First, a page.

How to Cure Insomnia

sleeping woman

Picture of a woman in deep sleep.

Rejuvenating sleep is an extremely important and fundamental part of feeling great and healthy. Unfortunately, too many of us are plagued with insomnia and miss out on sleep’s wonderful healing properties. This article will explain what you can do (and what you should avoid) to naturally cure insomnia at home.

A great deal of rejuvenation occurs in the brain and the rest of the body while you sleep. Among other processes, your body releases a large amount of growth hormone while you sleep to repair all the damage that has been done that day. This is why it is crucial that you get a good night’s sleep as often as possible.

The first step to cure insomnia and get better sleep is to avoid these stimulants:
  • Caffeine
  • Chocolate
  • Teas that contain caffeine
  • Yerba Mate
  • Guarana
  • Alcohol

Tips to Cure Insomnia

Tip #1: It is very important to stabilize your blood sugar from the time you eat dinner until you go to bed. Make sure you eat a balanced meal of protein, carbohydrates and fat. Bed-time snacks are ok but they must be balanced and not contain sugar or processed carbohydrates.

Tip #2: Exercise can significantly improve your sleep quality. The earlier in the day the better if you are going to exercise, but some exercise is better than none so do it late if you have to.

Tip #3: Avoid watching television before you go to bed as this can disrupt your sleep. Avoid intense movies or reading material as this can stimulate your adrenals which will keep you awake.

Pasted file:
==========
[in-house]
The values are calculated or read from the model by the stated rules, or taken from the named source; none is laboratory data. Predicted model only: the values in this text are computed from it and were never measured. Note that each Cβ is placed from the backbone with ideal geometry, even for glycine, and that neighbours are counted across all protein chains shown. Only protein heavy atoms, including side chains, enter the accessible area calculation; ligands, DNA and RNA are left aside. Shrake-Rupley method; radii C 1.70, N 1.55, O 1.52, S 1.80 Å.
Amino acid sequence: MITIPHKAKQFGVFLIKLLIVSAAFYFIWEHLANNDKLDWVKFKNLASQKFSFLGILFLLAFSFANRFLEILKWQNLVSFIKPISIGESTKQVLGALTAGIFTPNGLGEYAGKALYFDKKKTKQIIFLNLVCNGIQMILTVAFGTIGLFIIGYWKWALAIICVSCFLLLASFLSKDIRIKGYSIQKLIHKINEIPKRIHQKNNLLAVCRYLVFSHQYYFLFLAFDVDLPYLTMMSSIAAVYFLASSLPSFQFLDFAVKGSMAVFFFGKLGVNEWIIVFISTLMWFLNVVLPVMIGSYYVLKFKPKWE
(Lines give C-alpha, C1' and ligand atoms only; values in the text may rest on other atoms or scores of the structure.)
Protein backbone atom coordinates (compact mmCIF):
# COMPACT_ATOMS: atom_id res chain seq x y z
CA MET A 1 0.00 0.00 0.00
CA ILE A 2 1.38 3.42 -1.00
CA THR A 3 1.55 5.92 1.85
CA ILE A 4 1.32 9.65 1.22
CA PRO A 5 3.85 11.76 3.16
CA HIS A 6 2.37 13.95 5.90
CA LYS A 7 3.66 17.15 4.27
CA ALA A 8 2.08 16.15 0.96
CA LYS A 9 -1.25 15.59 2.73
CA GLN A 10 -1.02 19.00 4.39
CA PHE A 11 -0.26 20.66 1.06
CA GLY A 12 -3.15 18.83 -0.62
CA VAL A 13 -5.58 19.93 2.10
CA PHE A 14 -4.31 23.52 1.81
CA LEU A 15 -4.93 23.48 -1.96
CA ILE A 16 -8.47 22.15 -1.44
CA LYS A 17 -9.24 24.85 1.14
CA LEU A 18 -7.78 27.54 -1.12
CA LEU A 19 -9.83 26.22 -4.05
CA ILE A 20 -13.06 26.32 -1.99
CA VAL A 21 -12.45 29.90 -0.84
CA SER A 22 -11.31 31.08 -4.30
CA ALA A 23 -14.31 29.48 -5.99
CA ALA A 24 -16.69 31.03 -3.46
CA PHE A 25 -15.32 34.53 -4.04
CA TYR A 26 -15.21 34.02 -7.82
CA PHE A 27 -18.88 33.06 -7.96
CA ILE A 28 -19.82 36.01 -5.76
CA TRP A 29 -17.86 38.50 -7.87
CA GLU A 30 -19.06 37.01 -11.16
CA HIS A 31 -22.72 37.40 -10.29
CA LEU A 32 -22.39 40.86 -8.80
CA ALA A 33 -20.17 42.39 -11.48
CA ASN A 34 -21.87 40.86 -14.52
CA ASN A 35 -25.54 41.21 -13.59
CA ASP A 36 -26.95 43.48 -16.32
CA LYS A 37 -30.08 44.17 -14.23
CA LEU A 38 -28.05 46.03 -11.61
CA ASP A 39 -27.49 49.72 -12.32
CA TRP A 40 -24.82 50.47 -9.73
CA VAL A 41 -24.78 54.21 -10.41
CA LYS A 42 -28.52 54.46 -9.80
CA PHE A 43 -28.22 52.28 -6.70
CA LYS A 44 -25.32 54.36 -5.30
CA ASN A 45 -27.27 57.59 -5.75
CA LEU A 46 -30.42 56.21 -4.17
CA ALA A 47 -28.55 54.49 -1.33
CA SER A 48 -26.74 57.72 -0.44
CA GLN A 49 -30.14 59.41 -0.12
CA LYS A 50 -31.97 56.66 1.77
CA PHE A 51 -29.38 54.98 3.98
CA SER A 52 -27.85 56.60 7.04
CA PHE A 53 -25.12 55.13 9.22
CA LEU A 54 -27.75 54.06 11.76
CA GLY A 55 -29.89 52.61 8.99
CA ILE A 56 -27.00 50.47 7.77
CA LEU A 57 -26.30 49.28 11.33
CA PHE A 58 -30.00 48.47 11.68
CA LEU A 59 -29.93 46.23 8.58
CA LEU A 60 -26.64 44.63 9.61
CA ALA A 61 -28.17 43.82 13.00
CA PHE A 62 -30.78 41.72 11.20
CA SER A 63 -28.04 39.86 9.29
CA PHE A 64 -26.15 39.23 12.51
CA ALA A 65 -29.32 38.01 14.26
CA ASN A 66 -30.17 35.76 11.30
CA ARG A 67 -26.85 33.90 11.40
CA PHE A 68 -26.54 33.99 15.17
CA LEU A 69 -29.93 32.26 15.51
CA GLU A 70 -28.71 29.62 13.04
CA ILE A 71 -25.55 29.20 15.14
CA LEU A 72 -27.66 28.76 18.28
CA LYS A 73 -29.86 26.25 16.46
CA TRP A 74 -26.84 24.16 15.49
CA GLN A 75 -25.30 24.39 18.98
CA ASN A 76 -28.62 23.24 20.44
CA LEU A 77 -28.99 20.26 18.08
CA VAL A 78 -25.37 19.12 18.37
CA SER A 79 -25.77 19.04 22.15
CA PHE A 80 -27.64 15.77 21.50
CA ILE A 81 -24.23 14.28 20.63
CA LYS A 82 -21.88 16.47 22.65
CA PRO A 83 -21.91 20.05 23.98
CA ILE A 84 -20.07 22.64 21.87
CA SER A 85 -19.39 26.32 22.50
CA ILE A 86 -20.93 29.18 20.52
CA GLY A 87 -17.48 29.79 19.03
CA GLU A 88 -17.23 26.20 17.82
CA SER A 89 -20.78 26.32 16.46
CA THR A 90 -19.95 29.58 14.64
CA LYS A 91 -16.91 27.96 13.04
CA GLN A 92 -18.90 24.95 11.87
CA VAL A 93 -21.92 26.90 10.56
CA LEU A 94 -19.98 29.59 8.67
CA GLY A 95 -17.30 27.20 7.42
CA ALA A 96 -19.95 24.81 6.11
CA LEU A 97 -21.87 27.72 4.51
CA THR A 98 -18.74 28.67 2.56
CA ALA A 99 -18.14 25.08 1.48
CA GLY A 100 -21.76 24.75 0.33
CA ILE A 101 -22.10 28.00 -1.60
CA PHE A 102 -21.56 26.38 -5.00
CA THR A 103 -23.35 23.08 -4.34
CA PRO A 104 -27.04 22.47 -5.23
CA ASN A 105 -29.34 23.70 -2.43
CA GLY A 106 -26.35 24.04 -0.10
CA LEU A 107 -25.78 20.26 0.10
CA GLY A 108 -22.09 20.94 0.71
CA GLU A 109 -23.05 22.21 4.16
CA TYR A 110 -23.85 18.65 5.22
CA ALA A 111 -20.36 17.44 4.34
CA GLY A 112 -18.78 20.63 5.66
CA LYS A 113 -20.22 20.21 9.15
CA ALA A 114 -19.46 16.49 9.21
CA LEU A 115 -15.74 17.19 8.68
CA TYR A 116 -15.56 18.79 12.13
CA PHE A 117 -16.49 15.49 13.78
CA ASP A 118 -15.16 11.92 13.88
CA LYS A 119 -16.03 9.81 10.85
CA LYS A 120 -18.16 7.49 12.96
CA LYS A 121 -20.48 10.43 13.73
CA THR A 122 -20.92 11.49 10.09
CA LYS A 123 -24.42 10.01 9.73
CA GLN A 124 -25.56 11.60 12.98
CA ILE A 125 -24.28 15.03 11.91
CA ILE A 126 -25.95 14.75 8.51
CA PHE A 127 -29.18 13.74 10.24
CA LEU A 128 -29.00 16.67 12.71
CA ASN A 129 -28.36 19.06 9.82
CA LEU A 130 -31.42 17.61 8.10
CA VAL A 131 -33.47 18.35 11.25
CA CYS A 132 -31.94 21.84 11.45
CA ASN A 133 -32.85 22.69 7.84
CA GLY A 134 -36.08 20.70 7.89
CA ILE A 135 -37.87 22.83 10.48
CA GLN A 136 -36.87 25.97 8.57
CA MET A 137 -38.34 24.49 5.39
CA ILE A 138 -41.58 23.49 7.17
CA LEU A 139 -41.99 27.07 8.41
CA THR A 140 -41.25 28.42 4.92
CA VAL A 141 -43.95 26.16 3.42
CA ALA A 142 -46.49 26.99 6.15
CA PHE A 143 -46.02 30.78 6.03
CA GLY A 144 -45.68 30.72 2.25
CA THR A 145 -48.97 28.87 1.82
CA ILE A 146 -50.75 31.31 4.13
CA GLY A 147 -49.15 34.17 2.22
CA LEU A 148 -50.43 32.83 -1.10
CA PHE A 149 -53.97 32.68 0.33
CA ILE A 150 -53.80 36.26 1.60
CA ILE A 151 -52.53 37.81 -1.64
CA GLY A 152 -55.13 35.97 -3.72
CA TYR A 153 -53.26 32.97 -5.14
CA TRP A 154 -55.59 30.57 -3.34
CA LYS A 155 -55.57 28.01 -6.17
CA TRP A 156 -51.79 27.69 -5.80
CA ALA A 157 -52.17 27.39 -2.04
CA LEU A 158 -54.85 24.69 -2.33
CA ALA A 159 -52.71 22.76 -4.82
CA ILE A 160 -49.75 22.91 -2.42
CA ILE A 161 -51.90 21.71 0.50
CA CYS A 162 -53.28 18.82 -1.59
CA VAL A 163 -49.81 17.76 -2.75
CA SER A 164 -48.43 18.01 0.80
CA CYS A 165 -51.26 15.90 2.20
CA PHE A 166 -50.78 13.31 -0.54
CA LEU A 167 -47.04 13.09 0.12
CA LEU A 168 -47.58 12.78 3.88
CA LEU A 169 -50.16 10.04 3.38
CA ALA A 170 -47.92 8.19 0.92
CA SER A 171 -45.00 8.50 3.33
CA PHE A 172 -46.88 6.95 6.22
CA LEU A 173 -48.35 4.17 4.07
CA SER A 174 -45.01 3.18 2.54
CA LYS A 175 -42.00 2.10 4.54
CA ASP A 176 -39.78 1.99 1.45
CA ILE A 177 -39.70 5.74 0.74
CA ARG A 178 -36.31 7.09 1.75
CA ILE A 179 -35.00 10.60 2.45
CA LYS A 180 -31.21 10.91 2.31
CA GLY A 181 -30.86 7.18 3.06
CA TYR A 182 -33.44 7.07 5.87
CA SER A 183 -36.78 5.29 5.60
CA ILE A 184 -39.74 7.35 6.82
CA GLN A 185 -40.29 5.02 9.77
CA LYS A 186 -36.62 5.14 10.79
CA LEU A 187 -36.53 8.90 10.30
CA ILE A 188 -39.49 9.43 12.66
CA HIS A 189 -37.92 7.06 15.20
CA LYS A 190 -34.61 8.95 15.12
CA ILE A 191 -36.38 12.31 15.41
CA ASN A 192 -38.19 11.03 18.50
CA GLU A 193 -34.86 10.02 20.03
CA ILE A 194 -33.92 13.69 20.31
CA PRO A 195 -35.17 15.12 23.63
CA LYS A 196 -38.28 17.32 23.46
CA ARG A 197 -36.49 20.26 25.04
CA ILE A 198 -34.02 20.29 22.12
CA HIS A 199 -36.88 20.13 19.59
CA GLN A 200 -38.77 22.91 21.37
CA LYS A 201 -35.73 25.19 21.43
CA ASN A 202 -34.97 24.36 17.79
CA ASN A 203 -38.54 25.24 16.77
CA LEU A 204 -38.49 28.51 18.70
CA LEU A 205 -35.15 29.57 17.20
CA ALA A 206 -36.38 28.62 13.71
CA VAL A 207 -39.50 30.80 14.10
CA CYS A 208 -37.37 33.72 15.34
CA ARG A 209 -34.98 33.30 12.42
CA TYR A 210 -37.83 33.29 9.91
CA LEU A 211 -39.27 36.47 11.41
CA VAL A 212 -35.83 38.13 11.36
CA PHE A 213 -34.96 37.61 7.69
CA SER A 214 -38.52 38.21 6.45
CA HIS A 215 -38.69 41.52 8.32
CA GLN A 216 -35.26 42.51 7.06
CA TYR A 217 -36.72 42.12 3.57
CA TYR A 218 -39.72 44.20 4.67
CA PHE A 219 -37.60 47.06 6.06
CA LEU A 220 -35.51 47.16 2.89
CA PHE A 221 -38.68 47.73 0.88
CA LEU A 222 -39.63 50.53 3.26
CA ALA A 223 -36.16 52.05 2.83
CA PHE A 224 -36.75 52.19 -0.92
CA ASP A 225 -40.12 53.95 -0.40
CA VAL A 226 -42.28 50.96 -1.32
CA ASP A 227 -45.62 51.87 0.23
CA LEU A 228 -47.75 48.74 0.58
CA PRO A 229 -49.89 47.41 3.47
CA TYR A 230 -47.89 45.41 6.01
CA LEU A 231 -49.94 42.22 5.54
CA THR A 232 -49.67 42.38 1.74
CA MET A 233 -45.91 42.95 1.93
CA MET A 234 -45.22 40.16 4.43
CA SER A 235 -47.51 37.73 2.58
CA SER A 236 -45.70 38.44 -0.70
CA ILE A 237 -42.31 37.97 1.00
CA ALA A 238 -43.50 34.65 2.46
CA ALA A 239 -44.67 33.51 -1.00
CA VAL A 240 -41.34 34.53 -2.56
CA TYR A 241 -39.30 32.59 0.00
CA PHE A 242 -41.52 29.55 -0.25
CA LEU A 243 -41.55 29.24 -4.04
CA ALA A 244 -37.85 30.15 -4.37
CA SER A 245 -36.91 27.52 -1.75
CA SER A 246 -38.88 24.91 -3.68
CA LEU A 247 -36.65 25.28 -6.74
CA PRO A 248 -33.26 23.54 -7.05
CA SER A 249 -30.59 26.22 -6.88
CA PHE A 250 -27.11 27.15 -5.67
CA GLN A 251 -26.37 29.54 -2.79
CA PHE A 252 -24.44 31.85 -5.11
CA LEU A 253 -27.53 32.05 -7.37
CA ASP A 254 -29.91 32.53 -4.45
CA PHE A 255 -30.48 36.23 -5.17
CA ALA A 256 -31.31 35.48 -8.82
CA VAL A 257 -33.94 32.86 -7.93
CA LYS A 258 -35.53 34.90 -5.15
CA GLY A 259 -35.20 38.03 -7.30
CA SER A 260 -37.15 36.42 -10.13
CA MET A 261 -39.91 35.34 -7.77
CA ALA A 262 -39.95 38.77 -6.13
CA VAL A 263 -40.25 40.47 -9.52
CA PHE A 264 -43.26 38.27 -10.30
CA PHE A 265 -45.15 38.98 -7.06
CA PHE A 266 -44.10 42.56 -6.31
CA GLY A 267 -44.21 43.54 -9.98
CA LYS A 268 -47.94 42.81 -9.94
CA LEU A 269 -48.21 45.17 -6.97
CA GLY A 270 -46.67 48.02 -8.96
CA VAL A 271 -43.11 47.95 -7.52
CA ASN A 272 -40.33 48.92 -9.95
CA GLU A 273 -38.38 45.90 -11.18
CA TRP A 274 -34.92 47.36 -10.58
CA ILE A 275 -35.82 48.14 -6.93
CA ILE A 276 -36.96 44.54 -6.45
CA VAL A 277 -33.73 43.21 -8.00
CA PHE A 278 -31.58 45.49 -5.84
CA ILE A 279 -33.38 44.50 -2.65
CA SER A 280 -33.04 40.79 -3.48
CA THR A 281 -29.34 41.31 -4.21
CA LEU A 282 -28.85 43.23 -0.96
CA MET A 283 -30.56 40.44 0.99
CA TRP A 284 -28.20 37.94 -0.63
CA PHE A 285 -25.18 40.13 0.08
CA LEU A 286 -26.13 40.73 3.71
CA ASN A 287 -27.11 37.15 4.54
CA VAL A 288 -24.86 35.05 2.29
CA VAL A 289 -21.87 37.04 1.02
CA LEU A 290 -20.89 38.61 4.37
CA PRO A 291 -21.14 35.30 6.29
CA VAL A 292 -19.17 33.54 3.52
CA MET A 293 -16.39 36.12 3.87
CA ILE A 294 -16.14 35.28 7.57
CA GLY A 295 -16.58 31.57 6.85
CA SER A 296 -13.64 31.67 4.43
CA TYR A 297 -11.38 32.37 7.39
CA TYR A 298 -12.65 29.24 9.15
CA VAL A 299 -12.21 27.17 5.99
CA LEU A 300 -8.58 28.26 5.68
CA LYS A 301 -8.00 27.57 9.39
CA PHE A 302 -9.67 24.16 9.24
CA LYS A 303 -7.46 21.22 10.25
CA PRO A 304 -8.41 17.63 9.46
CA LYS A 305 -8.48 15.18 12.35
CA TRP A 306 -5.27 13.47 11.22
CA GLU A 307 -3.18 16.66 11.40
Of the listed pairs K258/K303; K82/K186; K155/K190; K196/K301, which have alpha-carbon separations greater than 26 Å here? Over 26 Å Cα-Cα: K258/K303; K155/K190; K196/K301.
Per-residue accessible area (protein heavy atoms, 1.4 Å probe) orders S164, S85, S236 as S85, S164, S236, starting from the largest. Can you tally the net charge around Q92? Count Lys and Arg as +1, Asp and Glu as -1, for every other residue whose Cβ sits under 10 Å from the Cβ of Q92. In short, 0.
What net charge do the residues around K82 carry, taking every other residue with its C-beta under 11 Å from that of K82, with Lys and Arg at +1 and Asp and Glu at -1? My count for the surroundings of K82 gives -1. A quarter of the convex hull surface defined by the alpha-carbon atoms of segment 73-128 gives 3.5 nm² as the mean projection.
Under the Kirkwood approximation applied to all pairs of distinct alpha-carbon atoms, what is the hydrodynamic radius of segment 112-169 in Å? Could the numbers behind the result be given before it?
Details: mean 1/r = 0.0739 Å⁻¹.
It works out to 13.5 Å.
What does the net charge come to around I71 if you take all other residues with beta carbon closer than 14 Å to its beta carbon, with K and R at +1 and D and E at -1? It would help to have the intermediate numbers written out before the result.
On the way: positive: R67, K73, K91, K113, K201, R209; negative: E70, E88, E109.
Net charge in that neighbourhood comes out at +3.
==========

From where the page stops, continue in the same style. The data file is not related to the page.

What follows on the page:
Tip #4: Turn off all electric devices in your room to reduce electromagnetic radiation and do not sleep in the same room with your cell phone unless it is completely powered off.

Tip #5: Try and follow a regular sleep schedule. Go to bed and wake up at the same times every day.

Tip #6: Begin a regular meditation practice. Meditation can calm the mind, reduce stress and help you get clear on what is important so your mind is not racing.

Tip #7: Practice deep belly breathing like a baby breathes for 5 minutes every day. This will help to alkalize your body and reduce stress.

Tip #8: Your bedroom should be completely pitch-black. No clock radio, lights or outside light of any kind should be in your sleep space. Even though your eyes are closed, your brain is still receiving light stimuli which can reduce melatonin levels.

Tip #9: Take 400-600mg of magnesium before you go to bed to alkalize and calm your muscles and nervous system.


Supplements That Help You Sleep